Freeloading on the healthcare system

Massachusetts, where I live, has a Republican governor who has been attempting to make progress on the healthcare debacle. The other day an article appeared in the paper with the latest chapter in this ongoing attempt. The word “freeloading” appeared in the article; to suggest that the current refinement’s goal is to remove options for freeloading on the system.

Freeloading is a problem in all collective action systems. It’s one of the reasons that classical minded economists run screaming from the analysis of public goods – you know, like public schools, public roads, public health, environmental regulation, etc. etc. More mature economists get a gleam in their eye and roll up their sleeves, of course.

One way to pull the rug out from under any collective activity is to highlight how some people are, or might, be getting
a better deal than others. For example you announce that families with more children are freeloading on the public schools, or that my acquaintance who got encephalitis is freeloading on the health care system. Of course that was probably caused by cut backs on the public health expense of keeping the mosquito population under control.

My first thought when people mention freeloading as a problem around healthcare is Wal*Mart. World’s largest corporation which manages to avoid much of the responsibility for healthcare that comes with being an employer. Employer responsibility for health care was one of the bargains struck by American society during the 20th century; it arose out of union negotiations. Over the last 30 years corporations have discovered that as unions weaken and their political power has increased they can opt-out of that bargain. The society has yet to reach a new consensus about how to bear this responsibility.

Of course there are lots of other candidates for the the role of healthcare freeloader; or to use more exaggerated speech – parasites. A lot of money has been spent to cast malpractice lawyers into this role, though the data would seem to suggest it’s the malpractice insurance providers who benefit from that subplot.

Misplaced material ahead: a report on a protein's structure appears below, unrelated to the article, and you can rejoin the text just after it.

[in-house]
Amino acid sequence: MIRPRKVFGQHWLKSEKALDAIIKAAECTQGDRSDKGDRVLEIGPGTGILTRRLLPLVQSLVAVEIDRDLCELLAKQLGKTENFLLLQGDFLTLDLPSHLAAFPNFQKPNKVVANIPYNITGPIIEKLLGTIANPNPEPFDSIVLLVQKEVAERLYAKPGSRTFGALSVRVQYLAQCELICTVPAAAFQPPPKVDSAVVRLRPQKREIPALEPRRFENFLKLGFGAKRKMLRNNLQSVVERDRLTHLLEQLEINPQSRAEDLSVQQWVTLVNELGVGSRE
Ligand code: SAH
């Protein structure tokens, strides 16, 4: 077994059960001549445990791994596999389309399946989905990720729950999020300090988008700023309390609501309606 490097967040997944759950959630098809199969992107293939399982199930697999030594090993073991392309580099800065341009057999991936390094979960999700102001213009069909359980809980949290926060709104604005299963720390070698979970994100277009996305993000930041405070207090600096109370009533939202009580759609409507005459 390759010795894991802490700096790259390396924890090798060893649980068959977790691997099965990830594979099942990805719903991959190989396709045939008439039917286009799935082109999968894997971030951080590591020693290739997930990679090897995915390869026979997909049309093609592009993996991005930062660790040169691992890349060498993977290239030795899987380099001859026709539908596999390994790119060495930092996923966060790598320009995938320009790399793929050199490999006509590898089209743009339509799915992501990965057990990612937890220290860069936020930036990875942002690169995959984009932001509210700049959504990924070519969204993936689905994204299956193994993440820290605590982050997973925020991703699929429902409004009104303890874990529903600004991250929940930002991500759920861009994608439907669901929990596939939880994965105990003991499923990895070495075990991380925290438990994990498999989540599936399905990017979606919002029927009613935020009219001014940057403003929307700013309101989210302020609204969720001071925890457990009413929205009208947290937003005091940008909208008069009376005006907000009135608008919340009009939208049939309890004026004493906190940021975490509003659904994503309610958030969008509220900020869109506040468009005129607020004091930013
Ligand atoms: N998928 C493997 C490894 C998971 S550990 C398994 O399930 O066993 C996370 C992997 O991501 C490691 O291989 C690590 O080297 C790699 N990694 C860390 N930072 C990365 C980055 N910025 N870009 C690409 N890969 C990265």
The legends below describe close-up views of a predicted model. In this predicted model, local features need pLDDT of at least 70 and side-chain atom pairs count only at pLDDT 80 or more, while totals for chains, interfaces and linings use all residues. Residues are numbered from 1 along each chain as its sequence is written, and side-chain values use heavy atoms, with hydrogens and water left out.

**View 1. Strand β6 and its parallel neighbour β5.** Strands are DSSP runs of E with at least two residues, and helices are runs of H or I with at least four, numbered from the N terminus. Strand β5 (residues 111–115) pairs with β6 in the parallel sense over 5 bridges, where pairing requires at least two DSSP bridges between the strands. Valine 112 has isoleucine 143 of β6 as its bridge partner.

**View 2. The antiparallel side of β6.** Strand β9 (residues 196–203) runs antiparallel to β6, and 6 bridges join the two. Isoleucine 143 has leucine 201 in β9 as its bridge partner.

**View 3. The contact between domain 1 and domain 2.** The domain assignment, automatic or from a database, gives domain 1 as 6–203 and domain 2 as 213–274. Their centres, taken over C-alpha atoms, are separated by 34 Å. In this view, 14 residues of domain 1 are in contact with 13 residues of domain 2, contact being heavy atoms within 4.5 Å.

My impression is that since we have a total breakdown in the consensus about where the responsibility for healthcare resides we have fallen into a messy trap where all the players spend vast amounts of resources attempting to shift responsibility to somebody else. The business community created that mess. All now compete to see if they can shift costs someplace else.

The governor’s plan is to force individuals to buy health insurance, much as we force everybody to buy car insurance in this state. So today’s casting for the role of freeloader is individuals. That’s a very popular move on the right, shift risk onto the weakest player in the social game.

But looking more closely it’s interesting to note that the governor is, at the same time, trying to force employers to provide health insurance. To make them pick up the responsibility they dropped over the last few decades. Of course the details of that make all the difference.

One last detail, states are not allowed to work on problems like this without the permission of the Bush administration. To institute any change in the regulatory framework the state has to be granted a waver. Only one state has managed to get a waver that allowed them force firms to bear some of the responsibility, i.e. Hawaii.

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